“My feet are my burden”: A Young Man Living with Lymphatic Filariasis
Tabe speaks to an interviewer.
Amadou Tabe, 30 years old, talks with a representative from the Act | West Benin office. Photo credit: Act / West, FHI 360.

Contributed by Christian Somakpo, Act | West Program Officer in Benin; Translated from French and revised in English by Zubin Hill

“I feel like a solitary bird without any refuge … Day after day, my name is used like a curse,” said 30-year-old Amadou Tabe with tears in his eyes.

Born to a farming family with limited financial resources and raised in the N’dali commune, a city in north Benin situated at around 60 kilometers from Parakou, the largest city in Benin’s north, Tabe is the youngest of seven children. His time in school began normally and Tabe finished primary school in 2006. But in 2007, Tabe’s life changed drastically. He woke one morning to find that his right foot had swollen slightly. In the following days, that inflammation gradually spread from his toes to the rest of his leg.

"At first, it was only a little swollen,” he said, “but it got worse and spread up my leg with abscesses that turned into oozing sores.” 

Soon, Tabe found himself ostracized and rejected by classmates who avoided his company due to foot sores that were not healing. Relegated to a corner of the classroom, Tabe kept to himself. During recess, he watched with envy as his peers played soccer, a personal favorite. During his interview, he wore the jersey of Benin’s national soccer team.

As his foot grew, it forced Tabe to adjust his gait. With that adjustment came another change: he became the main topic of conversation whenever he appeared at the school gate. Unable to bear his peers’ stigmatizing looks or the mocking comments that nicknamed him "Adamou Big Feet,” Tabe dropped out of school when he was just 14 years old.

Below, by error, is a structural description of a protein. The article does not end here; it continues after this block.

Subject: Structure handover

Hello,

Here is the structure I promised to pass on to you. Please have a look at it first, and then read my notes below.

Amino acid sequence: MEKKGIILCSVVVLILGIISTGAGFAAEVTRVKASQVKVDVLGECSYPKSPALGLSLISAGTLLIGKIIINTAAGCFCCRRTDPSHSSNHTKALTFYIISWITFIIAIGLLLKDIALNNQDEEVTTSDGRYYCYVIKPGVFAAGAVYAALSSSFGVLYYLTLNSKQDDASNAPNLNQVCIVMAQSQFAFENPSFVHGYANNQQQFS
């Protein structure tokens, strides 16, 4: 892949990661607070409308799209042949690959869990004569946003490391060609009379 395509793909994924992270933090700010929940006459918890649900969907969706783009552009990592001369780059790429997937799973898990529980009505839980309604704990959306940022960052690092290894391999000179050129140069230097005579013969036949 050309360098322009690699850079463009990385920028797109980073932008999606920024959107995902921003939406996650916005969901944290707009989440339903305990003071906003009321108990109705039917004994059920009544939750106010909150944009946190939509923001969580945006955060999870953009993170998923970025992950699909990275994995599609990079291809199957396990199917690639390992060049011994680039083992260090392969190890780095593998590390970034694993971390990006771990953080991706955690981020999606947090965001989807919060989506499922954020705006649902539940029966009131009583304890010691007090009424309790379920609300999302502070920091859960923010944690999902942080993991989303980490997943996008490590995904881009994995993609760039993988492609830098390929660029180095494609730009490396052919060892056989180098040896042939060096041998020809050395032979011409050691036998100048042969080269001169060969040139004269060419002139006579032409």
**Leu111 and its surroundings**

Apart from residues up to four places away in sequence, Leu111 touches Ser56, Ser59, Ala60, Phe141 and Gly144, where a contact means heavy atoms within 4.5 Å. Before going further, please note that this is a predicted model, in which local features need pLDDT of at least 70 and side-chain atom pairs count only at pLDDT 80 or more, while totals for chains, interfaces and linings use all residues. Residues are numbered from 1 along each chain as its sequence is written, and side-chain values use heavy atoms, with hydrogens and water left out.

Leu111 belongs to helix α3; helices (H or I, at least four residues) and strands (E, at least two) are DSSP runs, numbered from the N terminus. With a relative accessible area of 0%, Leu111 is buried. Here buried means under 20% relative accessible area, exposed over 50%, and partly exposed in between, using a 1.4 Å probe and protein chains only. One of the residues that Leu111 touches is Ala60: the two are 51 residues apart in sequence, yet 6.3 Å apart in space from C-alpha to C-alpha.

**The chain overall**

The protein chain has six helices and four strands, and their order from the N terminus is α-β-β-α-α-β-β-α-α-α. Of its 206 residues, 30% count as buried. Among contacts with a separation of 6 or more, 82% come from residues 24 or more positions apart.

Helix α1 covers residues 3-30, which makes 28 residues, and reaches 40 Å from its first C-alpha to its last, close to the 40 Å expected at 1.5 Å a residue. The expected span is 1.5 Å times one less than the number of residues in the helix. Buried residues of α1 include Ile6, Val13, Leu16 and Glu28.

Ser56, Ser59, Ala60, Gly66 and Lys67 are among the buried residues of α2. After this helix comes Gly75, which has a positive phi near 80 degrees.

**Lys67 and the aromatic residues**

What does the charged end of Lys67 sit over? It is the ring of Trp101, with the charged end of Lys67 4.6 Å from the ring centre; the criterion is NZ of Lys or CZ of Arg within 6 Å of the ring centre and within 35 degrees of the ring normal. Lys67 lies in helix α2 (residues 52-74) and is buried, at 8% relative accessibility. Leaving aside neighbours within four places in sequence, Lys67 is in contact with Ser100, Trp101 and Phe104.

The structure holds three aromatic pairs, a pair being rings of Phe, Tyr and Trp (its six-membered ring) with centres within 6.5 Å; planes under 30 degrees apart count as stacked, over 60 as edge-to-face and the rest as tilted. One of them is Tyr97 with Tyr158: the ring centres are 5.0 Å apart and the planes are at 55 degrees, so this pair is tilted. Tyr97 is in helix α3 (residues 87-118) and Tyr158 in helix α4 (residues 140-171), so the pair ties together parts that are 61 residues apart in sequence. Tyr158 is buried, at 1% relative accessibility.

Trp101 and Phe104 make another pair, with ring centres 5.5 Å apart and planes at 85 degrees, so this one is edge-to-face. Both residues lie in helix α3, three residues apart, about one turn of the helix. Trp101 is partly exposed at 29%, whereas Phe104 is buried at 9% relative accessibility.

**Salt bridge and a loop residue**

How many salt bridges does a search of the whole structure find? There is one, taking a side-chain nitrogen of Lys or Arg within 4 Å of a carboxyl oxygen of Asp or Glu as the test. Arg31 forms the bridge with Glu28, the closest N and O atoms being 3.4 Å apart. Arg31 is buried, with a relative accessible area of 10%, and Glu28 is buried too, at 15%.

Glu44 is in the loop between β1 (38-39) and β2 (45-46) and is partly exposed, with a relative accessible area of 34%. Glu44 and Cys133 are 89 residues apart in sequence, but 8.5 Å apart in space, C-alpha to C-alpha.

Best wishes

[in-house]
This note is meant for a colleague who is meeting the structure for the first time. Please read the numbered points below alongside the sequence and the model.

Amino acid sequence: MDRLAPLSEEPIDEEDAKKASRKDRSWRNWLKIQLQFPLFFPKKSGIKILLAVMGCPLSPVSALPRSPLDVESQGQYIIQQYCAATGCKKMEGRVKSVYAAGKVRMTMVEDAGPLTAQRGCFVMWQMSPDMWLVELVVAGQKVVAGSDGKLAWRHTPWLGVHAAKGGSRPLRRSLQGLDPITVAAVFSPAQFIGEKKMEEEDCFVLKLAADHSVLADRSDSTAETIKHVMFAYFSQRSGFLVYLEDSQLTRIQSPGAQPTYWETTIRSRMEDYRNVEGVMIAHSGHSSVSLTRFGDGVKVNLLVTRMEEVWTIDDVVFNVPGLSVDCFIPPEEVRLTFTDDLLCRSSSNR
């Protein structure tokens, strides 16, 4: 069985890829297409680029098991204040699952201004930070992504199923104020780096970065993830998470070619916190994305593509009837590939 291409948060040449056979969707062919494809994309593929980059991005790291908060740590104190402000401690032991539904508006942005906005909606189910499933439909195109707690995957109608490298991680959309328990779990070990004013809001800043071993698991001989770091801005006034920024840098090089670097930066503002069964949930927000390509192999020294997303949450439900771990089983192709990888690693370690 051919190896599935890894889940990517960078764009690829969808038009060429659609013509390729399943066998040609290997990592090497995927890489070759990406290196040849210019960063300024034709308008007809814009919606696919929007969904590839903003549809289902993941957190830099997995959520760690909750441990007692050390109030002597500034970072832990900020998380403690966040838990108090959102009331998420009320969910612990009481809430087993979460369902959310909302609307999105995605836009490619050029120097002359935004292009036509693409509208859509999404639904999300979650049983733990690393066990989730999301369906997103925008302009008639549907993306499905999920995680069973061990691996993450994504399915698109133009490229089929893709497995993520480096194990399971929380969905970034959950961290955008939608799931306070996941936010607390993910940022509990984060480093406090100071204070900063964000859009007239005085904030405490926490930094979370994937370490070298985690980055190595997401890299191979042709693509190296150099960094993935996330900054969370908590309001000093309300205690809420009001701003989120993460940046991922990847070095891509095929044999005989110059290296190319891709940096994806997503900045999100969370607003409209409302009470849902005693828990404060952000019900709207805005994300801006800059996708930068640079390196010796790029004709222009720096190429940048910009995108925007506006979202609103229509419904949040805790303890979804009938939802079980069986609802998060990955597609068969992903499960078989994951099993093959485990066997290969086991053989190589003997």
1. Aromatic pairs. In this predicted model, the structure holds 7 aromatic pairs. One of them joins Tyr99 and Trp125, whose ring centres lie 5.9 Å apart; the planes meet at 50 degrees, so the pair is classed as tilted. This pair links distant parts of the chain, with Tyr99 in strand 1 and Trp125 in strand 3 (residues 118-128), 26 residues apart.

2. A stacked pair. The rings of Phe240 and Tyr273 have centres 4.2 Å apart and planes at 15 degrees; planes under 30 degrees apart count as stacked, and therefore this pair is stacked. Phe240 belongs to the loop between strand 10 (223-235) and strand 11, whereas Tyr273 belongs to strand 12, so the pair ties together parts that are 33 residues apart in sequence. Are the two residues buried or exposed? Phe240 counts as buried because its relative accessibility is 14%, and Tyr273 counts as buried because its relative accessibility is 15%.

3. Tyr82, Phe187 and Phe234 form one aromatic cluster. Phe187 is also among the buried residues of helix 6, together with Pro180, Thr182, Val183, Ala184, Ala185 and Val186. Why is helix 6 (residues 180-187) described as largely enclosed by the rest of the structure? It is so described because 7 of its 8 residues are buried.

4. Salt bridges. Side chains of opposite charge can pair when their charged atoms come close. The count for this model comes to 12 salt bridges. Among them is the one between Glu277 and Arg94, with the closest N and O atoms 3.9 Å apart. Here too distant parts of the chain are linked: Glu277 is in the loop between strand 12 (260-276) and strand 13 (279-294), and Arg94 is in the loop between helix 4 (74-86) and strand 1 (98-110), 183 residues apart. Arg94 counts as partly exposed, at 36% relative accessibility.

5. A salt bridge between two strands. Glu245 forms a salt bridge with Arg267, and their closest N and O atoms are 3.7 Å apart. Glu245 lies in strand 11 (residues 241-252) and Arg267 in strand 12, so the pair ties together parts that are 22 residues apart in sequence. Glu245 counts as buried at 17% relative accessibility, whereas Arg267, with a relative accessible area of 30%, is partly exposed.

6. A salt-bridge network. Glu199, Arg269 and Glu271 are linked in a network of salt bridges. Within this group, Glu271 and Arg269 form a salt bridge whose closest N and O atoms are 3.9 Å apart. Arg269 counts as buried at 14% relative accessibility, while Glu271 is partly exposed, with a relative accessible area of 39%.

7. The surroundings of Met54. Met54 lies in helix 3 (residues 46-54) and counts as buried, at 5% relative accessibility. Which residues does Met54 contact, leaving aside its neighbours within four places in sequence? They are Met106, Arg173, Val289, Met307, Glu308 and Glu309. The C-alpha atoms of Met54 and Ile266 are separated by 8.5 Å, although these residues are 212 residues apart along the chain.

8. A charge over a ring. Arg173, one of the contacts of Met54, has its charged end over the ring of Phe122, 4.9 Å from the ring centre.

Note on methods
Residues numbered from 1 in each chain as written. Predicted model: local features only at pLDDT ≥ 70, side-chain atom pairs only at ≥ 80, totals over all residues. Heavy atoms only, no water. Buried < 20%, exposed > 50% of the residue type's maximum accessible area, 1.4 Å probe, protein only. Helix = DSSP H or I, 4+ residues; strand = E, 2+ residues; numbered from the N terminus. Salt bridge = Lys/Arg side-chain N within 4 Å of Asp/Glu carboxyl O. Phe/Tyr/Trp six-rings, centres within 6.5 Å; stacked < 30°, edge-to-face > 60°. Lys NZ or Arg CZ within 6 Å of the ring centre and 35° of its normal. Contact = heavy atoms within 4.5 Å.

“I was a good student,” he said, still in tears. “It was a very painful decision for me because I always dreamed of getting an advanced degree, such as becoming a doctor to make my family proud.”

Photo of Tabe
Tabe, pictured, lives in N’dali city in North Benin and lives with chronic health effects from lymphatic filariasis. Photo credit: Act / West, FHI 360.

Once out of school, Tabe struggled to learn a trade as his parents invested their limited funds into various treatments for their son. But rather than spurring a full recovery, Tabe’s left foot began to swell in 2013. Then, at 20 years old, Tabe found it increasingly difficult to move. 

“I felt cursed and resentful of the world. I wondered constantly what I could have done to deserve this fate,” Tabe said. “I was really desperate and sad.”

While Tabe received an official diagnosis of lymphatic filariasis (LF) from a health center in the neighboring town of Bembèrèkè, Tabe’s relatives convinced his parents that his disease was supernatural in origin and required sacrifices to ward off bad luck. From then on, Tabe was brought before traditional doctor after traditional doctor in search of a cure. 

"I was forced to undergo grueling rituals day and night, to rub potions on my feet which,” Tabe noted, “rather than curing me, caused a secondary infection with frequent, painful flare-ups." 

For Tabe, his experience led to a certain resistance towards traditional medicine—which displeased his parents. They gradually disengaged from him, scolding him for lack of gratitude and apathy.  Alone and without any support, he resorted to begging. 

In 2018, when Tabe was 25 years old, the disease spread to his scrotum. Luckily, Tabe learned of an opportunity for free surgery which could help relieve this latest condition. The only problem was that the surgeries were operated out of Saint Jean de Dieu Hospital in Tanguiéta—a town located over 250 km from N'dali. Still, Tabe made every effort to make it to his appointment. The operation was a success, which gave him hope, especially when the team promised to return in 2020 with a specialist for his feet. Unfortunately, the COVID-19 pandemic led to the suspension of all international travel.